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UN Staffers’ Right to Protest, More Struggles in Mali, US to Sanction ICC Employees


The Rev. Martin Luther King Jr. and his wife, Coretta Scott King, at UN headquarters after King was awarded the 1964 Nobel Peace Prize. With them is Ralph Bunche, a UN official who was awarded the Nobel Peace Prize in 1950. Bunche, an American, marched with the Kings in civil rights protests in Alabama in 1965. YUTAKA NAGATA/UN PHOTO

Starting in June, a summary of the most important news on the United Nations’ work in New York City and worldwide will be highlighted weekly. The news will be drawn from the UN spokesperson’s media briefings, our original reporting and other sources. We look forward to your feedback on this new series, called This Week @UN.

We also want to alert you to our special podcast episode on June 26, featuring exclusive interviews with an array of experts — from savvy youths to wise elders — on the 75th anniversary of the signing of the UN Charter in San Francisco. Stay tuned for more details on our social media accounts — Twitter, Facebook and Instagram — and in emails. Thank you — Editors

Monday, June 8

• PassBlue published an exclusive article by Stephanie Liechtenstein from Vienna about two new International Atomic Energy Agency reports revealing that Iran is blocking agency inspectors from accessing certain sites and it continues to increase its stockpile of low-enriched uranium.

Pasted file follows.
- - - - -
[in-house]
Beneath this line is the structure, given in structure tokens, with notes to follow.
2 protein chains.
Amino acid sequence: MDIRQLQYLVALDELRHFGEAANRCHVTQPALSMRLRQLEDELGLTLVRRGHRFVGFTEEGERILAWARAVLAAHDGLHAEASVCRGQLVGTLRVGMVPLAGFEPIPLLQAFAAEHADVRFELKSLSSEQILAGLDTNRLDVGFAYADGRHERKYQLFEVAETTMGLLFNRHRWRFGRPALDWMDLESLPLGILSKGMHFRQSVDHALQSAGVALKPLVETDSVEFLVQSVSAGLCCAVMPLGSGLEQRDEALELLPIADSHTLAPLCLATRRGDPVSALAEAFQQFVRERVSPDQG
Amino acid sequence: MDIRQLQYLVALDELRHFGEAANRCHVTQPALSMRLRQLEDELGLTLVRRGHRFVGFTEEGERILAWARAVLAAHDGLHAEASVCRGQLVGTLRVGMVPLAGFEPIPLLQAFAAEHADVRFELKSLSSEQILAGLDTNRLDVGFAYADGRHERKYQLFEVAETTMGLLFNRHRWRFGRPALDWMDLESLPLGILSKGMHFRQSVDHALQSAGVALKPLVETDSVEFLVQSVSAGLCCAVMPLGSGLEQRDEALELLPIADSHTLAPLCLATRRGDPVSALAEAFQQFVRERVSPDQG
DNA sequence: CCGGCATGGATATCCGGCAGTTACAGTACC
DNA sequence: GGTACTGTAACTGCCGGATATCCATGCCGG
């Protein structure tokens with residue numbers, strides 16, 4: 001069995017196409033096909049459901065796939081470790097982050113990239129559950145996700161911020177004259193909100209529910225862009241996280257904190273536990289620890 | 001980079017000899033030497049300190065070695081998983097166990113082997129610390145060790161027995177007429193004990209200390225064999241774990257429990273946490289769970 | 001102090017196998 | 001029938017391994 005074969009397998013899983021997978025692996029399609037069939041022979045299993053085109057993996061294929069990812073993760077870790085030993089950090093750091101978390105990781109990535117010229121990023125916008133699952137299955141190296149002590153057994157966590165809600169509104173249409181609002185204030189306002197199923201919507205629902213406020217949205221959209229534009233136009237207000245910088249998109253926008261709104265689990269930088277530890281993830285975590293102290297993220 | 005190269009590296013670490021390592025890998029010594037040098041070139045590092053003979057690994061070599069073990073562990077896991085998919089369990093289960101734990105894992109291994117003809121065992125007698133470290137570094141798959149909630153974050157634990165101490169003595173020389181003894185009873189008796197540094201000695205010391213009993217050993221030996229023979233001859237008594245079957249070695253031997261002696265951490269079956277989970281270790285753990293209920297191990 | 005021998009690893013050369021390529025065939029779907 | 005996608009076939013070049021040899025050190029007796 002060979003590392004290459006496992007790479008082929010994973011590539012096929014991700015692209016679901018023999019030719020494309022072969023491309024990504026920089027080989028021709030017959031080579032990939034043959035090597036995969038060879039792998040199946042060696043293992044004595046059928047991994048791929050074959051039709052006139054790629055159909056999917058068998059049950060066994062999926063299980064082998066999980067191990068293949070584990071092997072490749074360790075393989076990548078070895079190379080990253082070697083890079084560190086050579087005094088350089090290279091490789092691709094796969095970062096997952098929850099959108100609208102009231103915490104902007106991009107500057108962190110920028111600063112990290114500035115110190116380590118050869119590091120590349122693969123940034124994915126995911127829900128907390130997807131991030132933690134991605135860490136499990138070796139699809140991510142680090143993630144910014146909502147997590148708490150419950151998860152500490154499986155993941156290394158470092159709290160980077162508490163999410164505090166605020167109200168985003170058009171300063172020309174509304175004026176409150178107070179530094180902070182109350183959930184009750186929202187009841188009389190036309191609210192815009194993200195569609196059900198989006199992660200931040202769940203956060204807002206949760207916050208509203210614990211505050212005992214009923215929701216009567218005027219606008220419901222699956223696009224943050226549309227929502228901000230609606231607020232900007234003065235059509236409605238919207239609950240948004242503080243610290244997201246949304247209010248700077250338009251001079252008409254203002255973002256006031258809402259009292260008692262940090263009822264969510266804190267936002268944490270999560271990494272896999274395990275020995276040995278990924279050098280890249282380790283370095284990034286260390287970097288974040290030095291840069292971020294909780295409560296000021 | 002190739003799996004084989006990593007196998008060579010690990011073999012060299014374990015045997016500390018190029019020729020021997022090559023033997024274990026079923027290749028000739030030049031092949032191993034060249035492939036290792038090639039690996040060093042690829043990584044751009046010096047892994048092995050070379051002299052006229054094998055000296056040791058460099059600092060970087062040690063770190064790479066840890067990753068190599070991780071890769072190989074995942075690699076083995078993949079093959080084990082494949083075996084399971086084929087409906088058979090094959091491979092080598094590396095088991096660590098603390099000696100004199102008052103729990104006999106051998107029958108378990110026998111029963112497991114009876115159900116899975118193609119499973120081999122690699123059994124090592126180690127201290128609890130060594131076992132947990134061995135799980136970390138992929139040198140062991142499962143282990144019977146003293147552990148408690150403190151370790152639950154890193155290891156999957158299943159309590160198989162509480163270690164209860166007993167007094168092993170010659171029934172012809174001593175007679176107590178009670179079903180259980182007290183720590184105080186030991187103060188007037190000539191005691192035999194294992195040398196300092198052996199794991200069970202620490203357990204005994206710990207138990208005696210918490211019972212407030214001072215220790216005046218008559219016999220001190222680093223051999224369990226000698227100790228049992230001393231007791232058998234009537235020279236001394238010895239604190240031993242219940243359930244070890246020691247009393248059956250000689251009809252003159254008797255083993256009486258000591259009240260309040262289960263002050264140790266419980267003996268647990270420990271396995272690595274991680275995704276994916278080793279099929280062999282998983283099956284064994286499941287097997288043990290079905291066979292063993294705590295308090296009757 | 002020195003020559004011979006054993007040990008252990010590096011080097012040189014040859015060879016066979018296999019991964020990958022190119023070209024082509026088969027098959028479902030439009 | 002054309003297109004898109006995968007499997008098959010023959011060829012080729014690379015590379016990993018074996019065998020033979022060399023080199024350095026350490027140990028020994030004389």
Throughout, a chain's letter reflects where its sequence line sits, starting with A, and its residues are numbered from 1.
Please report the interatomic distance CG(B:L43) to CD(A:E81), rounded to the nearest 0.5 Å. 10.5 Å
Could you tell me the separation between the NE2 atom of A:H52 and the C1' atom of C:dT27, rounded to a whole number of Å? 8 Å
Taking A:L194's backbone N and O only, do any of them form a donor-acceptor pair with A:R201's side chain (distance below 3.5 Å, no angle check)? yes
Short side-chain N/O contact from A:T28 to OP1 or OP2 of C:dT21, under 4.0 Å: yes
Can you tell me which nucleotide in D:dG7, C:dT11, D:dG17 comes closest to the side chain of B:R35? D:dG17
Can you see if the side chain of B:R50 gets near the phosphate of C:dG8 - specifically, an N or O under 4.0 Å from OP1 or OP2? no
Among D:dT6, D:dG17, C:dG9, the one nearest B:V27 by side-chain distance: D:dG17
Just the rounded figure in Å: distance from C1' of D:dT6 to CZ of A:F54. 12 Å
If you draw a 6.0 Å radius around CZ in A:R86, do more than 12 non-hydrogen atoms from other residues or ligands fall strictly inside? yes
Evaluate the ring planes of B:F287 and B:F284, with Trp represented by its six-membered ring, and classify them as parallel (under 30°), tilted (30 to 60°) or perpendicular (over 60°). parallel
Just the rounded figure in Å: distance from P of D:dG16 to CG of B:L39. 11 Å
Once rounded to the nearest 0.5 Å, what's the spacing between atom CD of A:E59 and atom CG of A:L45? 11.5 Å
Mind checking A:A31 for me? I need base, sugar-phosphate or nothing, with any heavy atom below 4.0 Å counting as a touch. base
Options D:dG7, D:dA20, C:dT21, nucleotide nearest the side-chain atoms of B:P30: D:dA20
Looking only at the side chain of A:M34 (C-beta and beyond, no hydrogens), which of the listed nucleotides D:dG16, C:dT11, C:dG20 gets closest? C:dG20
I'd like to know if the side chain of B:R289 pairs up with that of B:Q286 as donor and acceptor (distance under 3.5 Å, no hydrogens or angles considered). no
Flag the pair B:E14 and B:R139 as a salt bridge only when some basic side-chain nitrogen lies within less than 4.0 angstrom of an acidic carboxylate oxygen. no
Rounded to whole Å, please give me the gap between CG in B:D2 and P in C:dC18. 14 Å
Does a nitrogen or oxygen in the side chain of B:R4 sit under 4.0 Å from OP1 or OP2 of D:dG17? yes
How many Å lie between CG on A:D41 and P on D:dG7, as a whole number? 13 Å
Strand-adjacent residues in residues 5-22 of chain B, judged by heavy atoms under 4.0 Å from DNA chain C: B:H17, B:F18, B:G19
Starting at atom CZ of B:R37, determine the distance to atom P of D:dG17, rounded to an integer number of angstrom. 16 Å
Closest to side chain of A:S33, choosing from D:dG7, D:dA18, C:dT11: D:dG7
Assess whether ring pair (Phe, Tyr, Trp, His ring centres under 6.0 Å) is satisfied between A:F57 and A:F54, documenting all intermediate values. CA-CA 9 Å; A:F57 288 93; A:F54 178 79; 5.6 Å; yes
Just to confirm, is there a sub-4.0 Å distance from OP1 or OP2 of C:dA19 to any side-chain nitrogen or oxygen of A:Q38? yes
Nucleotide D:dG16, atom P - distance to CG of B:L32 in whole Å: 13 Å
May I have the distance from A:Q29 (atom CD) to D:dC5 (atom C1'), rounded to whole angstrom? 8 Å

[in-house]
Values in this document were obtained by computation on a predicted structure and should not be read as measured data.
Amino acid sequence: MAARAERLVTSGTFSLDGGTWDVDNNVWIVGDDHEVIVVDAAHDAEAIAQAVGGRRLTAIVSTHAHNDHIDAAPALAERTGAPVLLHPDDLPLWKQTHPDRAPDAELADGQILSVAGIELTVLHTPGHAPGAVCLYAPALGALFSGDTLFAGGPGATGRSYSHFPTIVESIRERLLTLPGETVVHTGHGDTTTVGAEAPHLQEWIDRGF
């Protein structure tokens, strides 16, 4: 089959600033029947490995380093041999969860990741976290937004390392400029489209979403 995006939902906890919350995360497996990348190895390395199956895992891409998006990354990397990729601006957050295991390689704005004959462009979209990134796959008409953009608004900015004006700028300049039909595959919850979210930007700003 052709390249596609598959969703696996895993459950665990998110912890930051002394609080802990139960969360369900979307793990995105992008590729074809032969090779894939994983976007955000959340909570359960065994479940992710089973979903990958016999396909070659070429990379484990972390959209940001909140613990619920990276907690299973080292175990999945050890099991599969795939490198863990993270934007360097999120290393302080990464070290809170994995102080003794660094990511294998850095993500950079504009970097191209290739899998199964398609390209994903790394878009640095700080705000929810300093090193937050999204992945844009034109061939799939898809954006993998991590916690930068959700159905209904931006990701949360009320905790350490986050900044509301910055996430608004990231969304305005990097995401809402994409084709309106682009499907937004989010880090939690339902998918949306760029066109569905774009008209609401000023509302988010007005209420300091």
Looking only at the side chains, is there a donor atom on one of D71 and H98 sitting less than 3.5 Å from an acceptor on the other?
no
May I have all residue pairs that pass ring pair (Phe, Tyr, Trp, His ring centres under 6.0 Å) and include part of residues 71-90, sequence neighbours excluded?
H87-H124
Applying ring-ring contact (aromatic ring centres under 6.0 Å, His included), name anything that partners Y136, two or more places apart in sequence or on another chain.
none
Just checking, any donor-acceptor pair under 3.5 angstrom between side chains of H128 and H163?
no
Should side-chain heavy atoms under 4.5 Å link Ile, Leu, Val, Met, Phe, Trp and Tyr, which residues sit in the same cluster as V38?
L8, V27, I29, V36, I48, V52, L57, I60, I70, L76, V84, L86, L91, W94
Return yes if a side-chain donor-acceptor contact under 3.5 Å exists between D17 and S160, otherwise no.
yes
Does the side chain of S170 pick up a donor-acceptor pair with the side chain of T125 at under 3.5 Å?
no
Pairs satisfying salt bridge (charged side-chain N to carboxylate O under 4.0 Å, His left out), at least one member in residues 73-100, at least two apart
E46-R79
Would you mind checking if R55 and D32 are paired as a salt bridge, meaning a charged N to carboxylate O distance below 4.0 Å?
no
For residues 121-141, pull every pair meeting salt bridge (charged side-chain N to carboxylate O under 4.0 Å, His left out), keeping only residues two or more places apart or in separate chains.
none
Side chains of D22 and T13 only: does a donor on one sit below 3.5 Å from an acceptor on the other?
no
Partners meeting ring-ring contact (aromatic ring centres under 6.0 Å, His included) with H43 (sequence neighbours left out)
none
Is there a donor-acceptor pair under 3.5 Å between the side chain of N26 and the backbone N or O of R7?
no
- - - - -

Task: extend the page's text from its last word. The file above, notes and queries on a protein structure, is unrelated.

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• The president of the UN General Assembly, Tijjani Muhammad-Bande, told the media that world leaders cannot come to the General Assembly’s annual opening debate in September because of the pandemic. He also announced that UN General Assembly elections for Security Council nonpermanent seats, members of the Economic and Social Council and the president of the 75th General Assembly session will be held on June 17 in the General Assembly Hall. (On Friday, June 12, the UN said that secret-ballot voting will be staggered among all 193 UN member nations from 9 A.M. EST to 1:30 P.M. EST, with results possibly tallied within one hour and the entire process live-streamed by UN WebTV. In addition, the high-level week of the Assembly, Sept. 22-29, will most likely feature prerecorded statements by global leaders projected onto a screen in the Hall. More information here.)